Parity is often provided as a main reason for the NFL's meteoric rise in stature and eventual usurping of Major League Baseball as the country's prime male addiction that doesn't involve pornography. There may be some truth to this, but it's likely an overstatement; people are obsessed with the NFL because football might be the most fundamentally American sport imaginable. It's the perfect mixture of violence and strategy, and the league has never shied away from using sex to help sell it, too. Plus, the concentrated nature of the game's season — 16 games, as opposed to 164 — seems a better fit for recent generations of Americans who have not only been raised to think they have ADD, but probably have psychosomaticaly contracted it because they want the drugs.
This is not meant to impugn football; I am a football fan, though admittedly I've always preferred the college version. I do suggest, however, that there are
My other beef with the whole parity thing is that it really isn't true. Yes, the structure of the NFL's salary system makes it so that tons of players are cut every season, which means there's a constant stream of acquirable commodities for struggling teams with a keen eye for talent. But if that's the case, why have the Lions continued to suck right through the parity era? And the Cardinals? Furthermore, why is it that the Patriots and Eagles are almost always division favorites? If financial clout — the ability to spend more than another team — is the primary ingredient to superior roster building, then in the NFL's universe, all teams should hover around the same level, with random fluctuation in W-L records and jersey colors serving as the only methods of differentiating teams. We see that's not the case, however, and immediately know that the answer is: Some teams are better run than others. Yes, you can point to an example like the New Orleans Saints' one-year turnaround as an example of "parity," but I'm not sure that's the case. The Saints got better because they landed one free agent who was undervalued on the market because of an injury situation, benefited from an incredibly productive draft leading into that season, continued the development of young players who had underperformed in years past, and implemented a new coaching and management strategy under Sean Payton. That kind of story can happen in any sport; look at what's happening with the Brewers right now.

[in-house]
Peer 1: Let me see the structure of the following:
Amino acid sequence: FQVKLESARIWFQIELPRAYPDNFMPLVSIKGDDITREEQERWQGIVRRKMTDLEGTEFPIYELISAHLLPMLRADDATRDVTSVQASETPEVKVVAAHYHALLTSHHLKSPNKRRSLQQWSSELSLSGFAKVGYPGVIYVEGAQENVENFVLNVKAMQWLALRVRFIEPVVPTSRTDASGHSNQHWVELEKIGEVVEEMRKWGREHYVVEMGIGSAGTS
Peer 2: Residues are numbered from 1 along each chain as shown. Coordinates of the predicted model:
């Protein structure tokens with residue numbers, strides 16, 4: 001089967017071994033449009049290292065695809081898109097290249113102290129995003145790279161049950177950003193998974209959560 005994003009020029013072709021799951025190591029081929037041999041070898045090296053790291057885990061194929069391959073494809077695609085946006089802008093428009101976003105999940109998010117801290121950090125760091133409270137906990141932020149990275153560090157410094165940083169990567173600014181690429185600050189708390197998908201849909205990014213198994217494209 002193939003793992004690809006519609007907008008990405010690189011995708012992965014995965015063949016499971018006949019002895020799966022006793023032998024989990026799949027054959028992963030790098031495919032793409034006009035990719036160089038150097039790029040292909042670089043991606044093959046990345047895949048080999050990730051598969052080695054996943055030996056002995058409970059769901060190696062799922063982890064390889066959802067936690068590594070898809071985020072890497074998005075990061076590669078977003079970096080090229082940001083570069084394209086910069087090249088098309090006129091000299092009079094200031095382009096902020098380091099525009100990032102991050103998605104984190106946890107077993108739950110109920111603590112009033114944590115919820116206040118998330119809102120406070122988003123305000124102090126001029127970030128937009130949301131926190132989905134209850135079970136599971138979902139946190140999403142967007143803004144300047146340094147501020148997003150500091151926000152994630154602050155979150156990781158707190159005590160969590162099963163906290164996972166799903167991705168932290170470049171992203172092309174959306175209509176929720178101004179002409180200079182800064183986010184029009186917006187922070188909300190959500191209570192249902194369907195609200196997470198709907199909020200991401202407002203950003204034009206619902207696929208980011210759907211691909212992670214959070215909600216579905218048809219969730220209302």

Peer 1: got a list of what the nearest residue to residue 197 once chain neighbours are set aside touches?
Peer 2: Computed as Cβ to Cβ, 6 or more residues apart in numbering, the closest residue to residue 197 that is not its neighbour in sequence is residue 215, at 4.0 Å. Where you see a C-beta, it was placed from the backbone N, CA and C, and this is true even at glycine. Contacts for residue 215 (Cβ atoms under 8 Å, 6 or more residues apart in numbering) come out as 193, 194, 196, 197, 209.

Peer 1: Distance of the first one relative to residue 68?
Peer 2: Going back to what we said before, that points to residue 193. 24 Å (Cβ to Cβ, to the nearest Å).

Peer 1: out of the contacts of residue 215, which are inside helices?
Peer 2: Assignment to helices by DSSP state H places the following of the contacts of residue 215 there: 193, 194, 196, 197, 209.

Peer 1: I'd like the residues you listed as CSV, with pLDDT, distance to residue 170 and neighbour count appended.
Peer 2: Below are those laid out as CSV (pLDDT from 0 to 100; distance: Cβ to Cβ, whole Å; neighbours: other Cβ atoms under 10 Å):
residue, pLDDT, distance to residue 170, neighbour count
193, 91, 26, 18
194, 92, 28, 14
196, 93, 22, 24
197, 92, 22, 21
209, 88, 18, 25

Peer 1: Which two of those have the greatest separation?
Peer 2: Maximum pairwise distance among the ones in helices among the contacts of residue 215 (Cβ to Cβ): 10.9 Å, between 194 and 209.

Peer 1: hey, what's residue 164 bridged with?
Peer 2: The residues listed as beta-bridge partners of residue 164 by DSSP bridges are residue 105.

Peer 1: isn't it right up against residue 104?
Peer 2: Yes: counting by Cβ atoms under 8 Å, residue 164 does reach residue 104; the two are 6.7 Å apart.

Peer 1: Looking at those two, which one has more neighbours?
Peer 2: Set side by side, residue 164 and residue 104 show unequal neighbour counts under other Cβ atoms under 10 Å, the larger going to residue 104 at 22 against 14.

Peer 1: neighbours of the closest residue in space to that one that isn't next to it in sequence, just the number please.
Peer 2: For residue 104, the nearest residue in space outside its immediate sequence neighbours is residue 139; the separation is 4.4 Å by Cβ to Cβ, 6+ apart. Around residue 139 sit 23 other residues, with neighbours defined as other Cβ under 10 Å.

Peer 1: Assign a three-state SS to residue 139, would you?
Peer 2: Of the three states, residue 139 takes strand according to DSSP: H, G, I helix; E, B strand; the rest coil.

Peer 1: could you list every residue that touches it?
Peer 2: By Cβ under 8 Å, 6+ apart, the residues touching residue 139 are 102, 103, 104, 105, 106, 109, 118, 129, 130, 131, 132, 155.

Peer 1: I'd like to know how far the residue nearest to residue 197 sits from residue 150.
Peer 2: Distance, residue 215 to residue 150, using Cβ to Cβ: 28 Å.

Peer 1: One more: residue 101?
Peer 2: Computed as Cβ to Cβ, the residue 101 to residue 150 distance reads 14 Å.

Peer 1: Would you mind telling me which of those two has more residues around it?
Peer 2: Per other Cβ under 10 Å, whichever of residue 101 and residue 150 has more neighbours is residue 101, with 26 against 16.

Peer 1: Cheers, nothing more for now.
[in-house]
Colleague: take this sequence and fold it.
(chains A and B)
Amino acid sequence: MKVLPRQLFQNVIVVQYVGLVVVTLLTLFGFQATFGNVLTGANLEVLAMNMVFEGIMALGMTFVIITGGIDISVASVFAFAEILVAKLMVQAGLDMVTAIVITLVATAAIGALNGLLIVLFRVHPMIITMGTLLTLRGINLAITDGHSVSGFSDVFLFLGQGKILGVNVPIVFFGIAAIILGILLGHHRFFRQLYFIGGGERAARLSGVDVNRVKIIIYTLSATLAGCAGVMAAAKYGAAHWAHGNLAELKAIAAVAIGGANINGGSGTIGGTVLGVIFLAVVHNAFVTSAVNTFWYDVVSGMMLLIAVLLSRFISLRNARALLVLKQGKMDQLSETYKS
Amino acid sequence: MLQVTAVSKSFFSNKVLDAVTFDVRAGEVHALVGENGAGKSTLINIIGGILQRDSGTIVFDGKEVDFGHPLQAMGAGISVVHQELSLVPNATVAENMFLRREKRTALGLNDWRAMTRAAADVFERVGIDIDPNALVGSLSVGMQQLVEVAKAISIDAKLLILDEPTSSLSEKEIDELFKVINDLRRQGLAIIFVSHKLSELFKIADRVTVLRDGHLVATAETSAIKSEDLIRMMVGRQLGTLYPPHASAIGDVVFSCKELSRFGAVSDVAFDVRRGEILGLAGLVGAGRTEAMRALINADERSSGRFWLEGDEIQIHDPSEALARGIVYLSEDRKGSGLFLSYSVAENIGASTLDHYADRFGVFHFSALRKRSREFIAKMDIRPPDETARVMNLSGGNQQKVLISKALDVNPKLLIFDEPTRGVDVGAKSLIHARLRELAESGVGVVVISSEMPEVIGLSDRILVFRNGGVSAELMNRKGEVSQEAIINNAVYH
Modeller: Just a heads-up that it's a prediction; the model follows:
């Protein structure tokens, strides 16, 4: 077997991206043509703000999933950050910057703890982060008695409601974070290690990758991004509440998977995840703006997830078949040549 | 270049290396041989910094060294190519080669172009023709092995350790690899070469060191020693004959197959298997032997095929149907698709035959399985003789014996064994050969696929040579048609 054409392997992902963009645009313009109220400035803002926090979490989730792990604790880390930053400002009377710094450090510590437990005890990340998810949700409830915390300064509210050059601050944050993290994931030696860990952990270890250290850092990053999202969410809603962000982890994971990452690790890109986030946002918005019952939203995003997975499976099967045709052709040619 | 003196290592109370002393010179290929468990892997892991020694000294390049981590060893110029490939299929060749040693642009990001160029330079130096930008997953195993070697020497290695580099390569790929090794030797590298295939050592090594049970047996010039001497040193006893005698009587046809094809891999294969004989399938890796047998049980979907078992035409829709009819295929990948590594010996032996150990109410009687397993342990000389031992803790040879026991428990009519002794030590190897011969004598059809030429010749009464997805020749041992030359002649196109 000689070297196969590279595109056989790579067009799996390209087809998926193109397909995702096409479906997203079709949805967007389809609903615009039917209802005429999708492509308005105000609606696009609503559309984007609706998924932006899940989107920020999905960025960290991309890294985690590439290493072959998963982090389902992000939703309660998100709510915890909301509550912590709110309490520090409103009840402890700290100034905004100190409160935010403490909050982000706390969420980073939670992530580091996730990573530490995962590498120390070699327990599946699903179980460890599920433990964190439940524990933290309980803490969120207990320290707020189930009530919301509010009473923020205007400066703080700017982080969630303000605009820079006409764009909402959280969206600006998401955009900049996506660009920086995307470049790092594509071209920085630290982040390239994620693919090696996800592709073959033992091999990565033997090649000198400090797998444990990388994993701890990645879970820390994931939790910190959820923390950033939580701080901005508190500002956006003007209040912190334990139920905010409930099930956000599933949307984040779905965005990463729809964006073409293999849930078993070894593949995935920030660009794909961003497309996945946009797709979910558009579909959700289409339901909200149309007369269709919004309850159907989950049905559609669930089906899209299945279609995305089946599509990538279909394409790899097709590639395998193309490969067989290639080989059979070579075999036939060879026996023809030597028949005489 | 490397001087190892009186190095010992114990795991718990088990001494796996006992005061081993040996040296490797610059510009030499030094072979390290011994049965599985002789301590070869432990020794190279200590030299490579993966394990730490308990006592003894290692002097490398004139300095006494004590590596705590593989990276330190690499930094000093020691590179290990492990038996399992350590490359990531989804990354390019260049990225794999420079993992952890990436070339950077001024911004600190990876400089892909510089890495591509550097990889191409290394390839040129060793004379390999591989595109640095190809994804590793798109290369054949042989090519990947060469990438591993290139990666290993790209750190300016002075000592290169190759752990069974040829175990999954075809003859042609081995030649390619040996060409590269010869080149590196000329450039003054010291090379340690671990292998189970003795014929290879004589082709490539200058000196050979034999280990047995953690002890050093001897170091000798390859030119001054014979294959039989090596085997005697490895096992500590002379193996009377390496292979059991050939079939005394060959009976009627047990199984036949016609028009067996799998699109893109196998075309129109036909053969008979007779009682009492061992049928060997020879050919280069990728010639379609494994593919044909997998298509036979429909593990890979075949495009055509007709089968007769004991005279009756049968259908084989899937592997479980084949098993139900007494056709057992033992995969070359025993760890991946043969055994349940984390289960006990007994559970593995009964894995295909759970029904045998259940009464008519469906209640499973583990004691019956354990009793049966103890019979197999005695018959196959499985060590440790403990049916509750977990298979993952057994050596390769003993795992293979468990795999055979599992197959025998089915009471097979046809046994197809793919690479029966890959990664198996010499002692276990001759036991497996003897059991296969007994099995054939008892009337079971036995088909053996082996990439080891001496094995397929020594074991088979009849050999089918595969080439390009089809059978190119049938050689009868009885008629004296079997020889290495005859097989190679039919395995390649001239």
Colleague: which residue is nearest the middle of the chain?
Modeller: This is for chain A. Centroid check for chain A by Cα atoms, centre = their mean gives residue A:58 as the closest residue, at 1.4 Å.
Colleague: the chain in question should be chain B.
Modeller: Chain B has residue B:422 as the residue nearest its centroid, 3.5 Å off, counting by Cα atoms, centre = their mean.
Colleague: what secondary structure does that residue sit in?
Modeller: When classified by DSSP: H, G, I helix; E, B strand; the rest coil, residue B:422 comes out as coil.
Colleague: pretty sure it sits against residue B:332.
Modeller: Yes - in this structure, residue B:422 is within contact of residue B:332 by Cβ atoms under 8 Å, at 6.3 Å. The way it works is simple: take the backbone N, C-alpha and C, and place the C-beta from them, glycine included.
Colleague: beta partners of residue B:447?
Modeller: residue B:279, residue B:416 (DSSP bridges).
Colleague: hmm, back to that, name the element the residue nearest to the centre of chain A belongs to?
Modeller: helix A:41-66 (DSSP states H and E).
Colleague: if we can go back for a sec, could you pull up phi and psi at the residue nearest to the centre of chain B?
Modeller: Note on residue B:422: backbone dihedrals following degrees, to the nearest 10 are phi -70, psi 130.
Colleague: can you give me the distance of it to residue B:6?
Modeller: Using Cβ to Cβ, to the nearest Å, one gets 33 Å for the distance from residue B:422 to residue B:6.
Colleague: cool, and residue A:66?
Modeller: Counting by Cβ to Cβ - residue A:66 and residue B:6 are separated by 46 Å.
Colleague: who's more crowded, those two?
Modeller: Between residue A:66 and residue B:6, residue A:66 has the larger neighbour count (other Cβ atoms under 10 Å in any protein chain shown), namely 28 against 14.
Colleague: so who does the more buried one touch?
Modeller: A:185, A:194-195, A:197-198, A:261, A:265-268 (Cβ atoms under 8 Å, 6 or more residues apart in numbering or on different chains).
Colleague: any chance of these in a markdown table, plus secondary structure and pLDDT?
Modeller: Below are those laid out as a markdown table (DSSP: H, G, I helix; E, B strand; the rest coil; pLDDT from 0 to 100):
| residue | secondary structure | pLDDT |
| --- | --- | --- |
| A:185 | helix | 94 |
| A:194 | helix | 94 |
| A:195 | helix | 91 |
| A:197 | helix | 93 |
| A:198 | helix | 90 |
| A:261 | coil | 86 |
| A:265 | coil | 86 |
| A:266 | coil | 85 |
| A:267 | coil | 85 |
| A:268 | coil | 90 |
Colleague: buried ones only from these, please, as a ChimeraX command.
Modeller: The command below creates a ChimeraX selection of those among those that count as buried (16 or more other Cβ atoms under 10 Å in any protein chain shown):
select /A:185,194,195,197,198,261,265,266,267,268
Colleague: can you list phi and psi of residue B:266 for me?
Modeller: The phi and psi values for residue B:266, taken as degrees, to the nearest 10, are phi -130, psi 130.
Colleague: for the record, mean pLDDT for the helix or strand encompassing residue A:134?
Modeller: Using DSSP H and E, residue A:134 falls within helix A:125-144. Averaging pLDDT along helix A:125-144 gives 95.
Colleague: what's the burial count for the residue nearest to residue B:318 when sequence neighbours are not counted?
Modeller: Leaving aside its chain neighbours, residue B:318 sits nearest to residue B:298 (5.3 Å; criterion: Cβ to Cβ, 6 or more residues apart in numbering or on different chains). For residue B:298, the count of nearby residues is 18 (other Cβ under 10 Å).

The Brewers, in fact, serve as an excellent illustration of the non-necessity for a salary cap in baseball, but they're not alone.
Cleveland 55-39 $ 61,673,267
Minnesota 49-45 $ 71,439,500
Milwaukee 53-41 $ 70,986,500
San Diego 52-41 $ 58,110,567
Arizona 50-46 $ 52,067,546
All five of those teams are among the best teams in their respective leagues. All fall well below any kind of reasonable salary cap MLB would institute.
And here's another four teams:
Chicago 42-51 $ 108,671,833
Baltimore 42-52 $ 93,554,808
San Francisco 39-53 $ 90,219,056
Houston 40-55 $ 87,759,000
All four of these are among baseball's worst teams. All would probably be right around, or above, any kind of reasonable salary cap MLB would institute.
I know, I know. I'm cherry-picking the examples which support my argument, right? In a sense, that's true. Most of the teams who spent close to, or more than, $100 million a season are in playoff contention. But that's really only eight teams, five of which are in the American League. And four of the six division leaders are among that group, thanks to the big-spending Dodgers recently overtaking the Padres in the West by a half-game. But, for most of the season, half the division leaders have been "small-market" teams, and Cleveland has been in a dogfight with Detroit all season long, despite spending almost $34 million less than the Tigers.
The point is that while there is some correlation between money spent and on field results, it's far from guaranteed that a large salary will equate with success, and the correlation is in fact fairly weak.
(Apropos-of-nothing aside: I checked the calendar before writing this, and have confirmed it's 2007. Why the fuck does almost every rap CD still have skits? This shit was old by the time De La Soul dropped De La Soul Is Dead, and that abortion was released in 1991. Yet, here I am listening to the otherwise excellent Like Father, Like Son by Birdman & Lil' Wayne, and I'm forced to skip through ridiculous cliché Godfather-ripoff skits about "being a part of the family for life." Really? Really? I feel like kicking Lyor Cohen in the nuts every time I hear a rap skit, because he's smart and probably could have put a stop to this trend in its infancy.)